Apple’s main iPhone assembler Foxconn has once again been hit with a COVID-19 outbreak. The company was planning to seasonally reduce iPhone production, however, it has now delayed the plan to deal with closed-loop production protocols.
Foxconn delays plan to slow down iPhone production due to COVID-19 outbreak
In a statement to a major publication on Thursday, Foxconn confirmed that a “small number of employees” had been asked to quarantine. It did not provide further details but said that its attempts to deal with the outbreak are “progressing steadily” and that quarantined employees are being provided with “material supplies, psychological comfort and responsive feedback.”
As for iPhone production, TF Securities analyst Ming-Chi Kuo in a tweet revealed that Foxconn initially planned to gradually reduce iPhone production capacity from November to December to cope with the seasonality. However, Now that its iPhone plants in Zhengzhou have entered closed-loop production, its plans to reduce iPhone production capacity have been postponed.
More than 10% of global iPhone production capacity is currently affected as Foxconn’s Zhengzhou iPhone plants suddenly entered closed-loop production without warning.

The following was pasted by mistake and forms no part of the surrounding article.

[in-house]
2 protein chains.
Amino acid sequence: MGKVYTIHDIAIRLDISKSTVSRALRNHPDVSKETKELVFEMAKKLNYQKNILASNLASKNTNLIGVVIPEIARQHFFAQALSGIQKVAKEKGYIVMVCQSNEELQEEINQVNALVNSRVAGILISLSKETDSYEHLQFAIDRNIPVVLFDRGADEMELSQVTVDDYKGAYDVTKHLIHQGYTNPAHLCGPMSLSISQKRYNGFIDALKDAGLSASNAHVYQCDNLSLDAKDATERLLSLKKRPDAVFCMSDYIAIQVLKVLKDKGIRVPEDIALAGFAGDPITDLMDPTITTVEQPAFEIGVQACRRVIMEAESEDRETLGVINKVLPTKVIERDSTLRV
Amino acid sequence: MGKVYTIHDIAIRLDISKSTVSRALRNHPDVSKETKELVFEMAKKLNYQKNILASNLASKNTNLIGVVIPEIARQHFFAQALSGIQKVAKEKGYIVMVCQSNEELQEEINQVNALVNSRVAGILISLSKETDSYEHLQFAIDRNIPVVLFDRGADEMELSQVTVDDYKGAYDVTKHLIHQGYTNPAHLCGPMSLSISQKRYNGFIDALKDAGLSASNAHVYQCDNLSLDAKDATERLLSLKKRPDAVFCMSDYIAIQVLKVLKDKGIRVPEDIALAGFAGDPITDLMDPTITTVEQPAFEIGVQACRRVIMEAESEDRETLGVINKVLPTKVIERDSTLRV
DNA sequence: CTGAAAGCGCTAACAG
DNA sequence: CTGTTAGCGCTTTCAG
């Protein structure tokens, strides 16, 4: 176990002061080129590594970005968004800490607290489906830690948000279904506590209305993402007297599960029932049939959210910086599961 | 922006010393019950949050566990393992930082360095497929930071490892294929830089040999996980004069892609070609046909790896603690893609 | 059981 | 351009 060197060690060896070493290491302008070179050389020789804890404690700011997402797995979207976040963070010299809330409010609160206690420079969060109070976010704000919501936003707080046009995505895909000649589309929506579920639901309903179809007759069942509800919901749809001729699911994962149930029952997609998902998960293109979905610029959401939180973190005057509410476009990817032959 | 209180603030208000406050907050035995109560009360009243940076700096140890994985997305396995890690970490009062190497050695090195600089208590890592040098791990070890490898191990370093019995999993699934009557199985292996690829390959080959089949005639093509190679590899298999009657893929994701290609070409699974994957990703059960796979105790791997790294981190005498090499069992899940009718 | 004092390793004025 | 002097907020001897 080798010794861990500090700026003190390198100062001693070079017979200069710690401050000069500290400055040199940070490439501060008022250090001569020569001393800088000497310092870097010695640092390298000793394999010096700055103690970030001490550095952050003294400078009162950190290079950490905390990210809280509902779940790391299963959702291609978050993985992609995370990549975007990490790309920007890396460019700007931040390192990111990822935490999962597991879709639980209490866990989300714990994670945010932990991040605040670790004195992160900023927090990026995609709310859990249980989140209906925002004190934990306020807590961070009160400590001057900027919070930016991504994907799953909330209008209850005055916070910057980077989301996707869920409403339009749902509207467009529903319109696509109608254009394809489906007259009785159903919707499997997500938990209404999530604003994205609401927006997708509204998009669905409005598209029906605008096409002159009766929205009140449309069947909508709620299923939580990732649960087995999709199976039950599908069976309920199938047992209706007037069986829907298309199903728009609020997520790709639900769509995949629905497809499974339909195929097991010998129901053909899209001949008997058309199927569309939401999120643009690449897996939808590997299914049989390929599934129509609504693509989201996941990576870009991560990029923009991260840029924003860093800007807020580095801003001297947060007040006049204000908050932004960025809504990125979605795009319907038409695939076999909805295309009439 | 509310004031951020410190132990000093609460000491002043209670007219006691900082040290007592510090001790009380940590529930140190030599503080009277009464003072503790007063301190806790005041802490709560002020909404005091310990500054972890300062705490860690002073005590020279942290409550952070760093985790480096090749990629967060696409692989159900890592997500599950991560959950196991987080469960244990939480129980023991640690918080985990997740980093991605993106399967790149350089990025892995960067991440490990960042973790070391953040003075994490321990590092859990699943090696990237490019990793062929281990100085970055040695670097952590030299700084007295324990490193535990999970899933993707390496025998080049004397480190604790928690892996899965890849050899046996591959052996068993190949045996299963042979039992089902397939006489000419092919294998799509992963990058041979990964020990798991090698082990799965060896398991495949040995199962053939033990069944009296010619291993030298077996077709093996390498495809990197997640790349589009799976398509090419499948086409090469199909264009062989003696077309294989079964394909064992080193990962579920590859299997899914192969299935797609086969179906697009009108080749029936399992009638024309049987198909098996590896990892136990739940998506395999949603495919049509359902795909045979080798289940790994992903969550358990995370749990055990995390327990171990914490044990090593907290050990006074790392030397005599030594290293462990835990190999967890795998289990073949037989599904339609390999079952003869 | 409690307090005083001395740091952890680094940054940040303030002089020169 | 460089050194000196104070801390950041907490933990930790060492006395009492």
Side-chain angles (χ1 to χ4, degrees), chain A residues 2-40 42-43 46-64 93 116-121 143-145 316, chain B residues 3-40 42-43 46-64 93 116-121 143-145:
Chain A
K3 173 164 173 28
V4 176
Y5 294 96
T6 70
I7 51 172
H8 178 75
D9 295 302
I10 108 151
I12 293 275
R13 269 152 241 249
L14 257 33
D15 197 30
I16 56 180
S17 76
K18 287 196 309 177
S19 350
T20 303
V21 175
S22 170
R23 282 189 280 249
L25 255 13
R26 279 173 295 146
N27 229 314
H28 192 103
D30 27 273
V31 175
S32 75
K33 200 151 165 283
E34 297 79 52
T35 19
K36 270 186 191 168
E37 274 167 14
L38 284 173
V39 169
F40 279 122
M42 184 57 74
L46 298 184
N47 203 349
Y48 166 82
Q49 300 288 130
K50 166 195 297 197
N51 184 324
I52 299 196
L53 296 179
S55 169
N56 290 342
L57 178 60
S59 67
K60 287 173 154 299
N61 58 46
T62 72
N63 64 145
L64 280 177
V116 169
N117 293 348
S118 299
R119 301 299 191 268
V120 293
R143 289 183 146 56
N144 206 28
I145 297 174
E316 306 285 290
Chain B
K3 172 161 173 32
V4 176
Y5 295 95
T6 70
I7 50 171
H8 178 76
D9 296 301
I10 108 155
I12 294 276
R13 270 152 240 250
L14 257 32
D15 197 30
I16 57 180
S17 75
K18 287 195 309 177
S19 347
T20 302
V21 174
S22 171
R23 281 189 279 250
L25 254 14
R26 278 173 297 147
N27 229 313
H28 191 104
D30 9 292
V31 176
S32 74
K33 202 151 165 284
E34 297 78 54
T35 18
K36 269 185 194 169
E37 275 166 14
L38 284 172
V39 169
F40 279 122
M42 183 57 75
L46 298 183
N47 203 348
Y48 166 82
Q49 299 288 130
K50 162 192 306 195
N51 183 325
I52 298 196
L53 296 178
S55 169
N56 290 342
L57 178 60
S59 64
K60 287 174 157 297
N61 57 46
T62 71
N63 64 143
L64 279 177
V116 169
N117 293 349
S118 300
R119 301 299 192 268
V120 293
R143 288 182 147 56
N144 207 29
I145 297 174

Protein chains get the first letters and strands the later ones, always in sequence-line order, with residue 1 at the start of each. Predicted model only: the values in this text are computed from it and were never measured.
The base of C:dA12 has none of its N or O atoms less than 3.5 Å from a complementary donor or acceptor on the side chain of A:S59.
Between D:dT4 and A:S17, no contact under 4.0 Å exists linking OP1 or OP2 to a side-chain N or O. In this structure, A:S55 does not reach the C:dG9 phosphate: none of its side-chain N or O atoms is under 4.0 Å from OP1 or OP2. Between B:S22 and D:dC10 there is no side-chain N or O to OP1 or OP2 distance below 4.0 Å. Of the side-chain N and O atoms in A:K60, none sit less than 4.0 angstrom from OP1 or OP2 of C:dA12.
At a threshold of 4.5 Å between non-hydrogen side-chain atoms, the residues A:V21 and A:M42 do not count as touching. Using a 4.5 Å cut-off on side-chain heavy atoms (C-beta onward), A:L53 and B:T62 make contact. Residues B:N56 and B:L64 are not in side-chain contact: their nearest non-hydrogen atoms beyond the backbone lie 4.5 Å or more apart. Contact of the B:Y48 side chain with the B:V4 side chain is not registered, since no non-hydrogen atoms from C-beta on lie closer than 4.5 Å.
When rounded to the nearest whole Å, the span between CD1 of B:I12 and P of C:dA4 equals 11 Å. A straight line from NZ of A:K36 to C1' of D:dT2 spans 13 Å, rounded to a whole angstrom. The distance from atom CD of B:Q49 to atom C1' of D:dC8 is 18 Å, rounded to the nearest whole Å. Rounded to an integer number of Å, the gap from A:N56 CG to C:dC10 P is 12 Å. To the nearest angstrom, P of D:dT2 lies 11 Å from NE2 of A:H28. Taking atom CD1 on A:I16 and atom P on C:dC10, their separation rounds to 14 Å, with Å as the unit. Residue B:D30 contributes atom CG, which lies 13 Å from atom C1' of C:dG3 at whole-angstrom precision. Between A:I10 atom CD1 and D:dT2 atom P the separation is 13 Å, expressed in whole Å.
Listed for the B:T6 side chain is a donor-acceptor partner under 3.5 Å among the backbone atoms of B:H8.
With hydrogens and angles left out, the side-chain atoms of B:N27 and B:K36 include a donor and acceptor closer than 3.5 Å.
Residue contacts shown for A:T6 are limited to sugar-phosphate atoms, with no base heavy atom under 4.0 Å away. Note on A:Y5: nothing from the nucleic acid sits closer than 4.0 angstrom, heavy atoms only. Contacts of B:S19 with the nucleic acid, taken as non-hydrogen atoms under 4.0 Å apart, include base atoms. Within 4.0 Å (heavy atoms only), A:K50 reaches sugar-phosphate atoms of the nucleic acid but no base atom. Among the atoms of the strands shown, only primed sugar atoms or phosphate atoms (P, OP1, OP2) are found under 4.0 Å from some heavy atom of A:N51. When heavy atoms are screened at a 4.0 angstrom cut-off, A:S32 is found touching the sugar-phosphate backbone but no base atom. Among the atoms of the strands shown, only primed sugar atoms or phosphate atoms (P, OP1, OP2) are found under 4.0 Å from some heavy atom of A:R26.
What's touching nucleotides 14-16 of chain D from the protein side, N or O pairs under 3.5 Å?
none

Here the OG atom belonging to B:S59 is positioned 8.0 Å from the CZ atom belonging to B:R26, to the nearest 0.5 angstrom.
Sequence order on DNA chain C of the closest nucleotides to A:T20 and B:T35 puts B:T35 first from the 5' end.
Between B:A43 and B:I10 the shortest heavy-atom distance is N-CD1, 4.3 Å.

Kuo does say that this will not significantly impact the current iPhone supply chain shipment forecast.
This incident has not changed the current iPhone supply chain shipment forecast. It’s expected that Foxconn’s production capacity will gradually improve within a few weeks, and there should be a limited impact on the 4Q22 iPhone shipments.
Apple is also in talks with other iPhone assemblers Pegatron and Luxshare ICT to switch production lines of the iPhone 14 and iPhone 14 Plus to the iPhone 14 Pro and Pro Max to keep up with demand for the higher-end models. At the earliest, Luxshare ICT will start shipping units of the iPhone 14 Pro by the first quarter of 2023.
Apple is discussing with Pegatron and Luxshare ICT to switch iPhone 14/14+ production lines to 14 Pro/14 Pro Max. Luxshare ICT will likely start shipping the iPhone 14 Pro in early 1Q23 at the earliest.
The analyst concludes by saying that although the incident will have a “limited impact on 4Q12 iPhone shipments,” however, “suppliers in China must learn to improve closed-loop production efficiency in response to the zero-Covid policy,” to avoid higher costs.